An elegant gentleman

I told the story of Herbert de la Rue – as far as I knew it, a couple of years ago:

We moved from the flat where I had been brought up as a child into a house which we bought from an old, very old friend of my grandparents, a Mr Pleasants, his wife and sister… I’m not sure now whether she was his sister or his wife’s sister, or maybe they were two sisters, but the three old folks had lived in their house for many, many years. They were pleased to have a family they knew buy it, and especially to have us two children move in with our parents.

For whatever reason they let various bits and pieces behind, no doubt they didn’t want them or couldn’t accommodate them where they moved into sheltered accommodation, I think on Honey Hill… its amazing what comes back when you think about things. Among the items we ‘inherited’ were some old pictures, including two very fine-looking Edwardian gentlemen we christened Albert and Edward, and a water-colour of Mr Herbert de la Rue. We knew this because it was inscribed on the back. My dad thought that the de la Rues were a printing firm who used to make playing cards, he also seemed to think that one of the old ladies had been a maid in service to the family in London.

We were doing some tidying and we came across the picture of Herbert de la Rue and I tried to find out more about him. He was born in 1855, his parents were Warren de la Rue of Guernsey in the Channel Islands, and his wife Georgiana. In 1871 the family were living in Staines (now called Staines-on-Thames)  and three children lived at home, Herbert, Ernest and Alice, along with eight servants. Ten years later the family had moved to Portland Place in Marylebone, half as mile from where my family were living by Regent’s Park. Now there were only the two sons at home, Ernest was now a partner in the firm of de la Rue & Co who which was described as wholesale manufactures, stationers etc. Herbert was an underwriter at Lloyd’s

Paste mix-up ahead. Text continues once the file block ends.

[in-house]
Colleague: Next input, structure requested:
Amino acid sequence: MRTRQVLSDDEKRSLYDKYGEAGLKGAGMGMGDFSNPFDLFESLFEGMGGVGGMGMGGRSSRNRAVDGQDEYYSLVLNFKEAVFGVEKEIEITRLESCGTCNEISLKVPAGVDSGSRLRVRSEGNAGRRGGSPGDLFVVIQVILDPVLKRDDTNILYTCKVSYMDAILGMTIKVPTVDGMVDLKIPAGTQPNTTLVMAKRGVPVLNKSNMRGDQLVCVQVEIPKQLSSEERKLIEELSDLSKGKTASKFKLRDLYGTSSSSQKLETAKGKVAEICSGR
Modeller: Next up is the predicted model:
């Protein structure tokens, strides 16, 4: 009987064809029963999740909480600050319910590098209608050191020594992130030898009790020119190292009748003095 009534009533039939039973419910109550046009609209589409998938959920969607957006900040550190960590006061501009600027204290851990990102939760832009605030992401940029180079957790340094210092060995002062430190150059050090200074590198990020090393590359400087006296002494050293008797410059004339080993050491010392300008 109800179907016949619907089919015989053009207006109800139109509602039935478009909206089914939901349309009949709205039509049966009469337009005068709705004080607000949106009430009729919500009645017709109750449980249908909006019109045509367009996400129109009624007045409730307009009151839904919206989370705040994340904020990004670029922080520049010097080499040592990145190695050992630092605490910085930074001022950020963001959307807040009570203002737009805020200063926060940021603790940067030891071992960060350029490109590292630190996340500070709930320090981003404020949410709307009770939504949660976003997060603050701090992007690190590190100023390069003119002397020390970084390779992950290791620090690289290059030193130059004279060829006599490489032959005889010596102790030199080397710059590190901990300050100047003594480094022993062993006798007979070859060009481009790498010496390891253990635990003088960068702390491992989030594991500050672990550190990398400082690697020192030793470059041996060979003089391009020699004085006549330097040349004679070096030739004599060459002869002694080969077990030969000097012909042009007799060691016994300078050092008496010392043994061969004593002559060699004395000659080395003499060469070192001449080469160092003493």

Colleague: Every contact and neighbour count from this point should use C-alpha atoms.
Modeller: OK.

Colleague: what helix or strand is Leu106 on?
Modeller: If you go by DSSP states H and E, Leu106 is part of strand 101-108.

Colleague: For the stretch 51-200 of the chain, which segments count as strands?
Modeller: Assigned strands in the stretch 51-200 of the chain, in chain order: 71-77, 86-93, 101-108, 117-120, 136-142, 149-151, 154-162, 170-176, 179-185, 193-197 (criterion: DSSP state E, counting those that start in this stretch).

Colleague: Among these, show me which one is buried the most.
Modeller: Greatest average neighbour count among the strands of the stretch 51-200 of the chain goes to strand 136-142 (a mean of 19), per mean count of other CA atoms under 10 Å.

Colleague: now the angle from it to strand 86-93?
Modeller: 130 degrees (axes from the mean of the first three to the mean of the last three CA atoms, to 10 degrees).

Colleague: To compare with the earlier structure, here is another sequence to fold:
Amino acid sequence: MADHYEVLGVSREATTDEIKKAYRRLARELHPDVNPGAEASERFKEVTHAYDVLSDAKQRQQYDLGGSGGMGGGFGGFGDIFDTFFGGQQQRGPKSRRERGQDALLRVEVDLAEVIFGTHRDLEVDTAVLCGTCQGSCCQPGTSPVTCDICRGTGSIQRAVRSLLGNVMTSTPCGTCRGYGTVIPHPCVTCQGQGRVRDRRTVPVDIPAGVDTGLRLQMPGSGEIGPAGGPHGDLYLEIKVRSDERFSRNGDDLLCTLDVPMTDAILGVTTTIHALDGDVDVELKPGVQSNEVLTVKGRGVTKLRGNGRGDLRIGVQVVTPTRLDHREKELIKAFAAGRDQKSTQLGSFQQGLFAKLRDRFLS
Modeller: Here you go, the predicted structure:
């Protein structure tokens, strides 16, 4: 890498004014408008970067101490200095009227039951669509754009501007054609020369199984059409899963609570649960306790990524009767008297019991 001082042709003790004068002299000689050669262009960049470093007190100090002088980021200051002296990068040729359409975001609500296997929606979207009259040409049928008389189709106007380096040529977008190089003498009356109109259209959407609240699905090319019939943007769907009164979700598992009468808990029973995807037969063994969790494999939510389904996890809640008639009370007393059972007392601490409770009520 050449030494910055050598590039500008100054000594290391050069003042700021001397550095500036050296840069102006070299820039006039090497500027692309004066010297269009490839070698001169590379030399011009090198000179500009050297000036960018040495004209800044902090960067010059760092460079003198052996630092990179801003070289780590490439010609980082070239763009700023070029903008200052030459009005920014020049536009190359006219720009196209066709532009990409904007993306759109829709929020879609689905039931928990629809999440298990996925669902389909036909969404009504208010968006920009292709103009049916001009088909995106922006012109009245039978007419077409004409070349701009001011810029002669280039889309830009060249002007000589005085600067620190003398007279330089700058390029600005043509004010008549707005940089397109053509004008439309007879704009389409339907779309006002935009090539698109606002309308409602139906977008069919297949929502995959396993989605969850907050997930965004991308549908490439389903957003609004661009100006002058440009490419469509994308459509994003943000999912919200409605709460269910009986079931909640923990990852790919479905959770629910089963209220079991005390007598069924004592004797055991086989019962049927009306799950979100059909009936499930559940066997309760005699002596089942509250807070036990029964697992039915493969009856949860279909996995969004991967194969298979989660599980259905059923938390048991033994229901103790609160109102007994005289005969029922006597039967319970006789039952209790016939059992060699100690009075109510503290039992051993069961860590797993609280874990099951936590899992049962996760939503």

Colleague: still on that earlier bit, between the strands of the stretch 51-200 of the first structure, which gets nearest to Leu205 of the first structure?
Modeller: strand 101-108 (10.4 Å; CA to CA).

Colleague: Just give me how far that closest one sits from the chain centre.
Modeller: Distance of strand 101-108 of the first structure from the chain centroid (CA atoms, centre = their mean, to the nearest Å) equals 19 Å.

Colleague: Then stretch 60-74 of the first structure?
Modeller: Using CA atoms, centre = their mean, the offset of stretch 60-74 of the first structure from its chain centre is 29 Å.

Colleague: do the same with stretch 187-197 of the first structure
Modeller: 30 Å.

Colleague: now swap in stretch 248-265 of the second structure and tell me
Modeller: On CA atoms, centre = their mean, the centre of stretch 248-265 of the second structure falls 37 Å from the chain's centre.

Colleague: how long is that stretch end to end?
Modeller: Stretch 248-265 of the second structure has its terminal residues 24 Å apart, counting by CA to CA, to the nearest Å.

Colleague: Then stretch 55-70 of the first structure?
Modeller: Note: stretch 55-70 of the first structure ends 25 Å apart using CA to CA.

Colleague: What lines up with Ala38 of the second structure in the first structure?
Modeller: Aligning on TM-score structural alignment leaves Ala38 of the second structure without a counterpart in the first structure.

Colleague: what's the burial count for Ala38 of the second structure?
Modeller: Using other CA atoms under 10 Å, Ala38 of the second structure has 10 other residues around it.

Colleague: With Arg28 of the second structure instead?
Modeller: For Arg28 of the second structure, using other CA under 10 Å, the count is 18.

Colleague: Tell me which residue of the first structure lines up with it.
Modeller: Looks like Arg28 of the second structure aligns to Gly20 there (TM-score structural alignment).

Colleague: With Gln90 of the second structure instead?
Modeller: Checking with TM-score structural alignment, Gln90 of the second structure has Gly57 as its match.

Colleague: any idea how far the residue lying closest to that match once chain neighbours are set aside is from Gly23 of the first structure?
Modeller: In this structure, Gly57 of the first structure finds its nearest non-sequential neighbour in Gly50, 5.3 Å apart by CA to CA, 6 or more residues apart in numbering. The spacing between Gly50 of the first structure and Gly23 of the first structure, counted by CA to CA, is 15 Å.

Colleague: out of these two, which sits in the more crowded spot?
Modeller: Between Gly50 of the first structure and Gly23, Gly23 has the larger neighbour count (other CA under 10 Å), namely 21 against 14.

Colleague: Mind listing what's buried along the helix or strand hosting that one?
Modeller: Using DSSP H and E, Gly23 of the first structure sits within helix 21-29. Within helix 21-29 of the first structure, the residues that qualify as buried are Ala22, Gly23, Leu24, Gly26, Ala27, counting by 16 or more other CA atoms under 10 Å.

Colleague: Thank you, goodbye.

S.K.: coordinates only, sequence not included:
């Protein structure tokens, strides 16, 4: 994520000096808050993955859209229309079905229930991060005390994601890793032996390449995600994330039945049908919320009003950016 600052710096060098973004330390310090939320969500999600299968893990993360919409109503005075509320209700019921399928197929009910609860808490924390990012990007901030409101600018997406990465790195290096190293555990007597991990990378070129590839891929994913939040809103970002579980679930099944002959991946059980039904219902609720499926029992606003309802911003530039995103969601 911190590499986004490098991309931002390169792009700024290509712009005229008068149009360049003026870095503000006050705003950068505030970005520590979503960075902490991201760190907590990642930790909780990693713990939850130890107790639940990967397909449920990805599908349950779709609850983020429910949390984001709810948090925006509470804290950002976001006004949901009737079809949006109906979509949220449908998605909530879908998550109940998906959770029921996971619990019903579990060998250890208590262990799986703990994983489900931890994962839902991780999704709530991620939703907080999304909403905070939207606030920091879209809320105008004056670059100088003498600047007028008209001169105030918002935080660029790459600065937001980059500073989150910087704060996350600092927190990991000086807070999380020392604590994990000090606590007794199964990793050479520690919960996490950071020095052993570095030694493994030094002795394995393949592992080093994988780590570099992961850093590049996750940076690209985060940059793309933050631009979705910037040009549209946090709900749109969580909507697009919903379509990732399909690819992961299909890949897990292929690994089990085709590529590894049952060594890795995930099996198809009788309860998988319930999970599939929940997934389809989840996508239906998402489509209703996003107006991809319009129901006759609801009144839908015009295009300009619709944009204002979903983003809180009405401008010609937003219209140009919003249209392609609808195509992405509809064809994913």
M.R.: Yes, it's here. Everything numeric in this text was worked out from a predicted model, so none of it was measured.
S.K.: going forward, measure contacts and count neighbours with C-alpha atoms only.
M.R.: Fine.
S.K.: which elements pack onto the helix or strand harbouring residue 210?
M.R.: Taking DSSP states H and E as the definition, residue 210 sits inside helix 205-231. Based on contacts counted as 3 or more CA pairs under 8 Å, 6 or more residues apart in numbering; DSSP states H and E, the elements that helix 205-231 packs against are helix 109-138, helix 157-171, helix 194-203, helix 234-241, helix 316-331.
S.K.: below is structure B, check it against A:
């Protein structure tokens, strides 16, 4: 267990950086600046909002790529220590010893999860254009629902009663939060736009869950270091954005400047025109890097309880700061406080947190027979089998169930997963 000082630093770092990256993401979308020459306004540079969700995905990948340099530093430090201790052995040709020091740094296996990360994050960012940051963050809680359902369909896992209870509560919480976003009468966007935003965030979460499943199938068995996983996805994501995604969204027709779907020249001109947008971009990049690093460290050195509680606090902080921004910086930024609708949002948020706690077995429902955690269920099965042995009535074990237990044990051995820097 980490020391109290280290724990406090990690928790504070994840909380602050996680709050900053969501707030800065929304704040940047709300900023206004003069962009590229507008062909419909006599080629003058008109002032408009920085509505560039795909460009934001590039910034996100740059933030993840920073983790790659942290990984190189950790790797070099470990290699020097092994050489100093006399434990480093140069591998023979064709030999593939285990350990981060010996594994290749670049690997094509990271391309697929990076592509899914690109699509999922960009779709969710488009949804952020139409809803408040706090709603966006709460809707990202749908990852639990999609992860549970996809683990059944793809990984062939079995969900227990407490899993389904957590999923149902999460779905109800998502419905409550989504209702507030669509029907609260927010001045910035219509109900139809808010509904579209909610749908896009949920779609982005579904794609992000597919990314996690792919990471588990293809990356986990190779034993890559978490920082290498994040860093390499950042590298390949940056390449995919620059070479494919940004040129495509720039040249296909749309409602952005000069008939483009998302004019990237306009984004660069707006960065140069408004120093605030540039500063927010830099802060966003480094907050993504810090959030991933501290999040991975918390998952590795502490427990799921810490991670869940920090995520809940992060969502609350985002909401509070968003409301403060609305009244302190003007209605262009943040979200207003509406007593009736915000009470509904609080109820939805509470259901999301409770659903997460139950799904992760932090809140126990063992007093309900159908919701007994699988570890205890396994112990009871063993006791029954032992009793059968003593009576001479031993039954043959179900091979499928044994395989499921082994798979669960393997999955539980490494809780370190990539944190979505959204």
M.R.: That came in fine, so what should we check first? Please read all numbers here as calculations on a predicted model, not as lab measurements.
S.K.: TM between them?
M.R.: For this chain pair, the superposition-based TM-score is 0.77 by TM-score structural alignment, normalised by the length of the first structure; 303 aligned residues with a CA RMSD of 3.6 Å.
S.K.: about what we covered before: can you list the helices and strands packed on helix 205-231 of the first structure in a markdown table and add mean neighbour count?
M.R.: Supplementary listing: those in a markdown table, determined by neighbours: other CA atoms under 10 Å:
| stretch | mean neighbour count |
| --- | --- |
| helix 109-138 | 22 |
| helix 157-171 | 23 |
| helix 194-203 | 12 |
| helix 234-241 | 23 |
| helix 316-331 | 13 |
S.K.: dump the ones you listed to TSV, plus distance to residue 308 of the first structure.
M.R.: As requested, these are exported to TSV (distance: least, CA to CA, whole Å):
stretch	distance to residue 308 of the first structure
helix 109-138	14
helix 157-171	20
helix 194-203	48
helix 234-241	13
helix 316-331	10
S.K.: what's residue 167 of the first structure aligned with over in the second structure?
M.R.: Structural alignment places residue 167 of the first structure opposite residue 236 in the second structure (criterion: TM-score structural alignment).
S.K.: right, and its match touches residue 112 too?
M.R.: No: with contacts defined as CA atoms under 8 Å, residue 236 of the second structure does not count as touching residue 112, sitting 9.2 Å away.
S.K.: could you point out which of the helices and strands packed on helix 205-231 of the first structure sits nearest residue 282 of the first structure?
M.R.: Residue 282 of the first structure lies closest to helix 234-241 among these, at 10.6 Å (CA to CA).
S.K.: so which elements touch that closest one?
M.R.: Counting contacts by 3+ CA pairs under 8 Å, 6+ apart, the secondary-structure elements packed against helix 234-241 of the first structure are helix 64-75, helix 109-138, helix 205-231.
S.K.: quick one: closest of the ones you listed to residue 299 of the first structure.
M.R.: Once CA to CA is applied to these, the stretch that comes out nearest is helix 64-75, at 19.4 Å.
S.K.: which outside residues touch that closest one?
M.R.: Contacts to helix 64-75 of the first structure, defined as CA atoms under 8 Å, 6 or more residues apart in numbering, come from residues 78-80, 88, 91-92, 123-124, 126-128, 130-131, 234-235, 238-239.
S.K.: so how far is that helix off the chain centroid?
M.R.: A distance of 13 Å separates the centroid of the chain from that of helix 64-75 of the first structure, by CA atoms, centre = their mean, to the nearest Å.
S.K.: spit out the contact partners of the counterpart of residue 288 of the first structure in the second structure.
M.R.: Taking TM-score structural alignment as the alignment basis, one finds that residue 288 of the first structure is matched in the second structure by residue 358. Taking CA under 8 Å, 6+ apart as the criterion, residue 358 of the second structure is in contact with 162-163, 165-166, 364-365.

In 1851, four or five years before Herbert was born, Warren’s occupation is F.R.S &tc, Chemistry, Mechanics, Card Manufacturer, Envelope ditto, and Wholesale Stationer, Engineer (?) employing with partners 410 persons… so my dad was right, they did make cards. At this time two other children were living at home with Warren, Georgina and Alice, Warren junior and Thomas.

In 1891 I can only find Warren’s grandson, Warren, living with his parents Ernest and Florence, and his  sisters, Irene and Phillis. Of Warren senior, and Herbert I can find no census return.

However, it is interesting that by 1911, Warren de la Rue junior, Herbert’s brother is living in Chippenham not far from Newmarket… Newmarket which isn’t far from Cambridge where the Pleasants lived who had the picture of Herbert de la Rue which set me off on this quest. Warren had a large number of servants, including a Swiss chef, a footman and a waiter… as well as several female domestic servants, one of whom may have been the lady I knew in her old age, living in the house we later moved into.


A picnic with the National Mark

I was writing somewhere else about picnics, and I suppose I had picnics in my min when I was looking at my little National Mark Calendar of Cooking book from 1936. Maybe I wouldn’t pack a picnic for us with dishes from the little recipe book, but supposing I was writing about a family in the 1930’s who were going on a picnic, what might they take with them?

Mother no doubt would prepare it all, and I can imagine it in a traditional whisker basket or hamper, lined with a blue and white checked cloth. Father would find the right spot to lay out the rugs and cloth, and he would light the Primus stove to make tea.

Mother might have made sandwiches with the National Mark recipe for brown bread (wholemeal flour, yeast, butter, sugar, salt and tepid water) and maybe they would have beef in them. Collared beef (‘very delicious served cold‘) is beef simmered for a long time with onions, herbs (parsley, thyme, sage, marjoram)and spices (mace, cloves, bayleaf, allspice, pepper, celery seeds) – that would be delicious indeed in sandwiches! There were no plastic pots and tubs then, so I guess the salad was either brought as separate ingredients and prepared  sitting on the picnic rug, or maybe prepared and put into a bowl and wrapped in grease-proof paper. There is a lovely selection of salads in the June chapter: